The Current Conceptualization of Land

Using this land-accounting system based on the single scale conceptualization, we see that approximately one-third of the world's ice-free surface is agriculture, another third is forest, and less than 1% is built-up land. This land-accounting system, however, ignores differences in land quality and land use intensity (Foley et al. 2007). Agriculture is agriculture regardless of yield. The category of urban or built-up land does not differentiate between high density and low density. There are land classification systems that allow for greater detail differentiation (e.g., residential, industrial and commercial) but the assumptions remain that there are simply finer cuts along the same axis. Land-accounting or "mass-balance" approaches have been the principal methods for generating inventories of land, but they fail to provide information that is critical for measuring whether current uses of land are sustainable. The main fallacy of the current land-accounting system is the implication that land is perfectly substitutable. That is, cropland in Asia can be replaced by cropland in Europe. By simply summing up the world's land areas, geographic context is removed. Consequently, it is assumed that place (which is specifi c to geography, location, and context) can be replaced by any space. This assumed interchangeability of space for place disregards differences in biophysical conditions, cultures, economies, policies, and institutions.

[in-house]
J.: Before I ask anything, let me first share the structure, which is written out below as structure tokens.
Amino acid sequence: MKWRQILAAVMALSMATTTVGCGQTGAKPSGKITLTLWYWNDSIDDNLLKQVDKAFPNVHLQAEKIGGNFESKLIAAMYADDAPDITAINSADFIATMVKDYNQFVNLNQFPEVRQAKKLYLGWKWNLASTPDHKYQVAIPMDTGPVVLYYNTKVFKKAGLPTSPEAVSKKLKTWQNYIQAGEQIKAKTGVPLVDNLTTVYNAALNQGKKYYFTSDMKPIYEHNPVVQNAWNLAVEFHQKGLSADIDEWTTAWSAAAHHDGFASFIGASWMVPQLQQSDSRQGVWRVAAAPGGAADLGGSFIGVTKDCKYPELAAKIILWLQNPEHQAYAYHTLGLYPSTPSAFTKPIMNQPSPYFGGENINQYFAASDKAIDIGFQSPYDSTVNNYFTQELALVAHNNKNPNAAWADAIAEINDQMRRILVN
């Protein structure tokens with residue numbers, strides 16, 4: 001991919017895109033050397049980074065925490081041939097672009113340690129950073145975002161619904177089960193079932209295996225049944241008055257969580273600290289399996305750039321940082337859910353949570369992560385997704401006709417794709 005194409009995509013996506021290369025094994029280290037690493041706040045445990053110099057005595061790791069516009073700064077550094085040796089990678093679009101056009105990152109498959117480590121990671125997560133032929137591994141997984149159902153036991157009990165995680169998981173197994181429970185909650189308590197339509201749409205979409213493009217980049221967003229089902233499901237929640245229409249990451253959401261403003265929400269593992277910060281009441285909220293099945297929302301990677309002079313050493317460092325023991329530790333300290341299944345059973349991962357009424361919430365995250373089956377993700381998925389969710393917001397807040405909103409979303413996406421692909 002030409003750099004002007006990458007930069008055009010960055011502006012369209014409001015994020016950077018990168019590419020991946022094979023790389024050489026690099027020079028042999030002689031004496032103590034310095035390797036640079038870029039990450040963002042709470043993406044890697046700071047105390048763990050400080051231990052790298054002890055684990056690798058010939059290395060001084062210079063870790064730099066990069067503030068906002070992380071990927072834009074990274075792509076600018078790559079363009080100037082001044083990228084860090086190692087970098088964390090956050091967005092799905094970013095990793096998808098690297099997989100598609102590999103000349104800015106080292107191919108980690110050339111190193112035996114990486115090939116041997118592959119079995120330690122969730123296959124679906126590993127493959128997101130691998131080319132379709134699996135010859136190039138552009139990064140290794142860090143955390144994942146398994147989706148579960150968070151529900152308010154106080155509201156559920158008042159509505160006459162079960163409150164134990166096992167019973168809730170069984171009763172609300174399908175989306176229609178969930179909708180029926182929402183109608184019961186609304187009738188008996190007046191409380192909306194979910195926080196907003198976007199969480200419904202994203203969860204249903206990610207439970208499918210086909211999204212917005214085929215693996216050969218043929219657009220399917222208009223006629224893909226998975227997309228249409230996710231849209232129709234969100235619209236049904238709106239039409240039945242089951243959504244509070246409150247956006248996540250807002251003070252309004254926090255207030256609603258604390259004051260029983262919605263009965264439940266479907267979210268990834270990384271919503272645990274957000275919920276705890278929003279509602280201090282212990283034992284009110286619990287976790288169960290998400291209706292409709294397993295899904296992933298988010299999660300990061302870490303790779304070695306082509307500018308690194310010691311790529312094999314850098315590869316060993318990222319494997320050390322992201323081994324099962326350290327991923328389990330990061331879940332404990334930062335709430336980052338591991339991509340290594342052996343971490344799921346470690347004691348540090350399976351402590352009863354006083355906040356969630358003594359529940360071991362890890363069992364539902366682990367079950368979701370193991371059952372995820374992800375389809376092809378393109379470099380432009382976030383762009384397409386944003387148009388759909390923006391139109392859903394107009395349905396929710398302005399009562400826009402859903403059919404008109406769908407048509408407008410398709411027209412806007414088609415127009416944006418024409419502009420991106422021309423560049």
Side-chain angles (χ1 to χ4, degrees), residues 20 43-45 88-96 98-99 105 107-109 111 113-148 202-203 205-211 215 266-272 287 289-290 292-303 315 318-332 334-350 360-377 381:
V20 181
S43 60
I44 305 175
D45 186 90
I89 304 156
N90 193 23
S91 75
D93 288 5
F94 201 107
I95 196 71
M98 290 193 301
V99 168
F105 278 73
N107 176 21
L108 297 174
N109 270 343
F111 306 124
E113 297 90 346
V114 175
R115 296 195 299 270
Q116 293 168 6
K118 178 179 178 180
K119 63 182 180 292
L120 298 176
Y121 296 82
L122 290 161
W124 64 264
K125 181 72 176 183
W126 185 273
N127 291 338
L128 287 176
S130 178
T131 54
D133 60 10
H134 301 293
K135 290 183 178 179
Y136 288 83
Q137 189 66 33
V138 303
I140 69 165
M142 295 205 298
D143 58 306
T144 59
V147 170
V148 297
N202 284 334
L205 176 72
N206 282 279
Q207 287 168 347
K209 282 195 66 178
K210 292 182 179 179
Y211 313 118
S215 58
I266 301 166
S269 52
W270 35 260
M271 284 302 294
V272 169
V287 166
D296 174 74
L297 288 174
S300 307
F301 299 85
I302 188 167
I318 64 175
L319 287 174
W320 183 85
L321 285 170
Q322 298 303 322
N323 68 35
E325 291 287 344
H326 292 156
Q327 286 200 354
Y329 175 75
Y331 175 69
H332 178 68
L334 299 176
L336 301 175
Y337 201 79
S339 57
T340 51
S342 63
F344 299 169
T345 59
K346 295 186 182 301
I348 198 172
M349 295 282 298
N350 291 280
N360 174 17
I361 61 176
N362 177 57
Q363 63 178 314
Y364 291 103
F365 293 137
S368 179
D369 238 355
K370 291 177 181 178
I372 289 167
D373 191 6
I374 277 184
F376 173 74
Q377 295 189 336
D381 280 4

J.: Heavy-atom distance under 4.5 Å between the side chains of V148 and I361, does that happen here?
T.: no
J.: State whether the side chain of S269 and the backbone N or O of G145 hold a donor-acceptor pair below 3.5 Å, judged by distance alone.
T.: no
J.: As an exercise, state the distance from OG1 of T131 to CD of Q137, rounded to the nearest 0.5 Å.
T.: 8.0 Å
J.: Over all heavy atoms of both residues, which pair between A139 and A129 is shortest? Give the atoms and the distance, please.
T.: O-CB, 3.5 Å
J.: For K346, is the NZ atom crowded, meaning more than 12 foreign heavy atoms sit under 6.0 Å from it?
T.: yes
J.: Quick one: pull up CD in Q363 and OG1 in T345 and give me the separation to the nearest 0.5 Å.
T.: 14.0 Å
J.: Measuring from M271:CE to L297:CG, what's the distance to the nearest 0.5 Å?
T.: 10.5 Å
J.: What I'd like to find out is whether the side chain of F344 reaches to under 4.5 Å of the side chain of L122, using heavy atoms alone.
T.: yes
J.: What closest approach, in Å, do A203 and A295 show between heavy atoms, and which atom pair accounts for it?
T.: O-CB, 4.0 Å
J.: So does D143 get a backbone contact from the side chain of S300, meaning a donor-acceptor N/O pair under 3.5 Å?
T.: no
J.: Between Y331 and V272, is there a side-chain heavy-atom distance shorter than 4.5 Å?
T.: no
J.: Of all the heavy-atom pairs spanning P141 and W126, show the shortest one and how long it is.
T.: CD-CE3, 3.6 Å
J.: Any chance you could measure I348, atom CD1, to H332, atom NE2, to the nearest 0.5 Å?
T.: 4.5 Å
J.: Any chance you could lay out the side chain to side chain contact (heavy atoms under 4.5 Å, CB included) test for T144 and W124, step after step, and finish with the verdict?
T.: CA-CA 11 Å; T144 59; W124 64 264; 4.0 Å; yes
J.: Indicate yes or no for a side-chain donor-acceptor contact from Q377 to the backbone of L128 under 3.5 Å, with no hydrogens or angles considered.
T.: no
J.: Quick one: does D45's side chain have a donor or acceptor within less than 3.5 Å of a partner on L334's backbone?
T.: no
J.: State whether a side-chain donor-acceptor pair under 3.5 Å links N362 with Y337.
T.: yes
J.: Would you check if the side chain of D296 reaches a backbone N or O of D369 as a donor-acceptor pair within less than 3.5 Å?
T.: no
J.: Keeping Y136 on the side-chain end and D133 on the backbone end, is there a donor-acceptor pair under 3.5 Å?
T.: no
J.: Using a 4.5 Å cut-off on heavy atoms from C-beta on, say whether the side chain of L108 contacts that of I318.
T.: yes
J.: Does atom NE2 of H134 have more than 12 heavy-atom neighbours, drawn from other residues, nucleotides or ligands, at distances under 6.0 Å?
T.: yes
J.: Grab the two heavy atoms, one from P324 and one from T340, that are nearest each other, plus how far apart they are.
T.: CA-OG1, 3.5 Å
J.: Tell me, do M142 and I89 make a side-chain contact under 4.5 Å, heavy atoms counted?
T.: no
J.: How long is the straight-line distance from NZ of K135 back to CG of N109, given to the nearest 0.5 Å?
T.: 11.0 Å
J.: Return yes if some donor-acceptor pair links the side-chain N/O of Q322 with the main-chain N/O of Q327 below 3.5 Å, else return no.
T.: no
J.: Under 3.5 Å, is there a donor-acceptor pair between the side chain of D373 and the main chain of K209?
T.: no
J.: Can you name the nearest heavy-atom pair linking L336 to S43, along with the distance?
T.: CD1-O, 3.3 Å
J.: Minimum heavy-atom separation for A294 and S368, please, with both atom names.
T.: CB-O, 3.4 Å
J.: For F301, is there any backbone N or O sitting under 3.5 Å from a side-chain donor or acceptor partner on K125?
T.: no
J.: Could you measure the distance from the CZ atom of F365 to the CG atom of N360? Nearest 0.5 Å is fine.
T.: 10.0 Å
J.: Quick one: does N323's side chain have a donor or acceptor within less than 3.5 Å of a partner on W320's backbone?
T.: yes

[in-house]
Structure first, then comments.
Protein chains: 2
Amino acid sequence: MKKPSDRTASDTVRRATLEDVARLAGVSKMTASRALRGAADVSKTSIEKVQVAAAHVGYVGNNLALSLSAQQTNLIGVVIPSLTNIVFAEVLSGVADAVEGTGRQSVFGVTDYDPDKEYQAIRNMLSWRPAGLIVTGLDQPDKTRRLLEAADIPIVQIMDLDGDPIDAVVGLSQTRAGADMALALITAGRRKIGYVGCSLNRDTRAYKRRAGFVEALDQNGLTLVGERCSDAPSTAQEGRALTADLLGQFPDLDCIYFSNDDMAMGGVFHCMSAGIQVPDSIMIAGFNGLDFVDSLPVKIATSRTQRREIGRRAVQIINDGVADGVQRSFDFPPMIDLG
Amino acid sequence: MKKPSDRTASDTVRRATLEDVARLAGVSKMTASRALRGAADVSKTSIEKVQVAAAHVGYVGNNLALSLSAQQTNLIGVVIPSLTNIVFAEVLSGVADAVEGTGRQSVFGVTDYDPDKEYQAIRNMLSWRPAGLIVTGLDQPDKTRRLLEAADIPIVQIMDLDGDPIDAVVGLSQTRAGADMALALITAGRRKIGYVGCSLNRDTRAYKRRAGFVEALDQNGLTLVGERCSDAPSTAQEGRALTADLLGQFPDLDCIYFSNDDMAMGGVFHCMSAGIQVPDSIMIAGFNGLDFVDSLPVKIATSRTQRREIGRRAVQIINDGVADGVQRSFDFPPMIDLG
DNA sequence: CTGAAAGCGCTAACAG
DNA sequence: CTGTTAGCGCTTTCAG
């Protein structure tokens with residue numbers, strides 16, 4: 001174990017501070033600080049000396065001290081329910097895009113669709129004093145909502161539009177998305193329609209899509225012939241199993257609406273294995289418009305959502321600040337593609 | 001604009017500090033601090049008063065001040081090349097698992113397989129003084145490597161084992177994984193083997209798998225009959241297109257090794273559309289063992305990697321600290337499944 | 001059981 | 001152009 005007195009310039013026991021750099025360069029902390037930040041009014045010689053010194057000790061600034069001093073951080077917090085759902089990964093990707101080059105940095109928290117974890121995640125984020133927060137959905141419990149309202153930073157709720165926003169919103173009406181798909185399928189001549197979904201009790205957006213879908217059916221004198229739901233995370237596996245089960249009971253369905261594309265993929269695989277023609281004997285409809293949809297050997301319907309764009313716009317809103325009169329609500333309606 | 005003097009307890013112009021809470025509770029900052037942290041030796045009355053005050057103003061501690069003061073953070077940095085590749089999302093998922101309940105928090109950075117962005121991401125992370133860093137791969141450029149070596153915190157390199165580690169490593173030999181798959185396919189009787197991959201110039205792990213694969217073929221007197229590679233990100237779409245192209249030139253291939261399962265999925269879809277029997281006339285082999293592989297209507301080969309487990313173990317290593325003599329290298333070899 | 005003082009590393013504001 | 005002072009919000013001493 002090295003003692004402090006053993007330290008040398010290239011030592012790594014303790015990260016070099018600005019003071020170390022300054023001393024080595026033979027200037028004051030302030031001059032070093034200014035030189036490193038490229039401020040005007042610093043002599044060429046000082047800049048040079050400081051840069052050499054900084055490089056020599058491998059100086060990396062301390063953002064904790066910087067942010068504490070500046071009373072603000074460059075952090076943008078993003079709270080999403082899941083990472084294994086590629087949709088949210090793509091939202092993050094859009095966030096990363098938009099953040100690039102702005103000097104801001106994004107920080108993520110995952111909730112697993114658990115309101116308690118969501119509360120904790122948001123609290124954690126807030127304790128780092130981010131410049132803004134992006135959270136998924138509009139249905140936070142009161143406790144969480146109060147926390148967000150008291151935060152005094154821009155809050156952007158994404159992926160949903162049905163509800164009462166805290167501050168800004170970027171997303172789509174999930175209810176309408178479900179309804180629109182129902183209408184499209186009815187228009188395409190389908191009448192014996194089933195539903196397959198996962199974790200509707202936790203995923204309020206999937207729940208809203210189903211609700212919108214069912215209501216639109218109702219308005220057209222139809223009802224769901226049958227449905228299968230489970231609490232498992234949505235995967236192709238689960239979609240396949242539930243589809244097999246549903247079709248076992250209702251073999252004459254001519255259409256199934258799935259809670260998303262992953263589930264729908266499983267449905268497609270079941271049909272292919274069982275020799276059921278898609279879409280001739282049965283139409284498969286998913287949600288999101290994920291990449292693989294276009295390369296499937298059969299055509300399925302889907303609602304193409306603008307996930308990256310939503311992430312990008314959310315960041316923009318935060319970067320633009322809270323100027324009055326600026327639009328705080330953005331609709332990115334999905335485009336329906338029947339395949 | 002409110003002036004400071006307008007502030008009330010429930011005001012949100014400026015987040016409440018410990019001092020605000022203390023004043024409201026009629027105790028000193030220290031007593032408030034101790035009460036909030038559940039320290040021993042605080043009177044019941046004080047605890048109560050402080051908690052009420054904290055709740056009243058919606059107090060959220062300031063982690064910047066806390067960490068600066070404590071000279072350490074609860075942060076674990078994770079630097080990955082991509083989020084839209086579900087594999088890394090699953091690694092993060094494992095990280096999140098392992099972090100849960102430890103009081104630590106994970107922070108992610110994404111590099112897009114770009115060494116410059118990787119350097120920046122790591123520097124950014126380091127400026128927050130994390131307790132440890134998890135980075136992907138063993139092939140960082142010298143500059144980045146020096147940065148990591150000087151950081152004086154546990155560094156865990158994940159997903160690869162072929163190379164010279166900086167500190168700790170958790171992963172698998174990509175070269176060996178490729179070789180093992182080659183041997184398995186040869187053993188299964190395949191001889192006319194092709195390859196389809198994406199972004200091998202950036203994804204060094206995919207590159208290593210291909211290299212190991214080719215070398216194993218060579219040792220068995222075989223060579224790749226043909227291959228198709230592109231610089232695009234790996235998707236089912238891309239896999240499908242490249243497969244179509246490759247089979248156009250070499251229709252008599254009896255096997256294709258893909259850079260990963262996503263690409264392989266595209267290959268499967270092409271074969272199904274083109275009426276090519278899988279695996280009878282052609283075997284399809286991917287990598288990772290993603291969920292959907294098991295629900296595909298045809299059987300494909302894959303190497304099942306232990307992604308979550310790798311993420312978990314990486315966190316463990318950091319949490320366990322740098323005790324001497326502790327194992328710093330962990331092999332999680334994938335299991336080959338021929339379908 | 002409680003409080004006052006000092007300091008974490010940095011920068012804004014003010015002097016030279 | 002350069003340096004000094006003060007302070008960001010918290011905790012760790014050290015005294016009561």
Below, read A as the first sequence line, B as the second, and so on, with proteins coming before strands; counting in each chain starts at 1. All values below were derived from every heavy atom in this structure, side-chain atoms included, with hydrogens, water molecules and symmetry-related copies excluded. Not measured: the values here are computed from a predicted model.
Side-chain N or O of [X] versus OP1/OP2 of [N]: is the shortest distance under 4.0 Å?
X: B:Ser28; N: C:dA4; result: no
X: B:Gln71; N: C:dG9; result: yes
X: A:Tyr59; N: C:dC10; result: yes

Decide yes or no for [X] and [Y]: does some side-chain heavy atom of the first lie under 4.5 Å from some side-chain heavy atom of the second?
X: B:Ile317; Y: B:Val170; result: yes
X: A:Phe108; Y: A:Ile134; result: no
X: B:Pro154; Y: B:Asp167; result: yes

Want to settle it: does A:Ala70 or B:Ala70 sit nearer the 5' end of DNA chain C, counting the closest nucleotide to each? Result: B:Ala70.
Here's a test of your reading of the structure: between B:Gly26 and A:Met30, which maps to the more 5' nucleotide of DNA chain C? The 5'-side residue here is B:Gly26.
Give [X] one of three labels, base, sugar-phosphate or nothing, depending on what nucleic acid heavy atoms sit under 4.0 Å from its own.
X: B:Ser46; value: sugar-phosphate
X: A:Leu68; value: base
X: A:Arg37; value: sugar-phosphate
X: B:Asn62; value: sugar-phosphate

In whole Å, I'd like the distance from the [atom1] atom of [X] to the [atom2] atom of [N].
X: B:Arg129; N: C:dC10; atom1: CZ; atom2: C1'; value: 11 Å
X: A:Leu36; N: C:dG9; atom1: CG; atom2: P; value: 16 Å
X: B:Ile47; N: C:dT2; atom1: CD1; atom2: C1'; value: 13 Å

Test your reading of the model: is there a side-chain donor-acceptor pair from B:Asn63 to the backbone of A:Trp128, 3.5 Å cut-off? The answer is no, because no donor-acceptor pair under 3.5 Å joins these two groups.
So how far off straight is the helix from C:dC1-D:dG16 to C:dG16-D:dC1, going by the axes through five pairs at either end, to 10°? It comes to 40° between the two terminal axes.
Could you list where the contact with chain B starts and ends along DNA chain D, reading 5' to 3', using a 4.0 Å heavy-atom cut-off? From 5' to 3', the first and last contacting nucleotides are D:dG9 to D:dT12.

One way to move beyond simple, quantitative accounts on the extent of land under use is through estimates on the amount of terrestrial net primary production (NPP) that is used, co-opted, or diverted from its original metabolic pathways by human activity, denoted as human appropriation of NPP (HANPP) (Haberl et al. 2007; Imhoff et al. 2004; Vitousek et al. 1986). NPP is the net amount of primary production of plants after the costs of plant respiration (i.e., the energy needed for the plant's metabolism) are subtracted. NPP equals the amount of biomass produced in an ecosystem in a unit of time and represents the basis of (almost) all heterotrophic life on Earth. NPP is a

Table 5.1a Example of land cover classification system: IGBP land cover legend.

Class Description

Table 5.1a Example of land cover classification system: IGBP land cover legend.

Class Description

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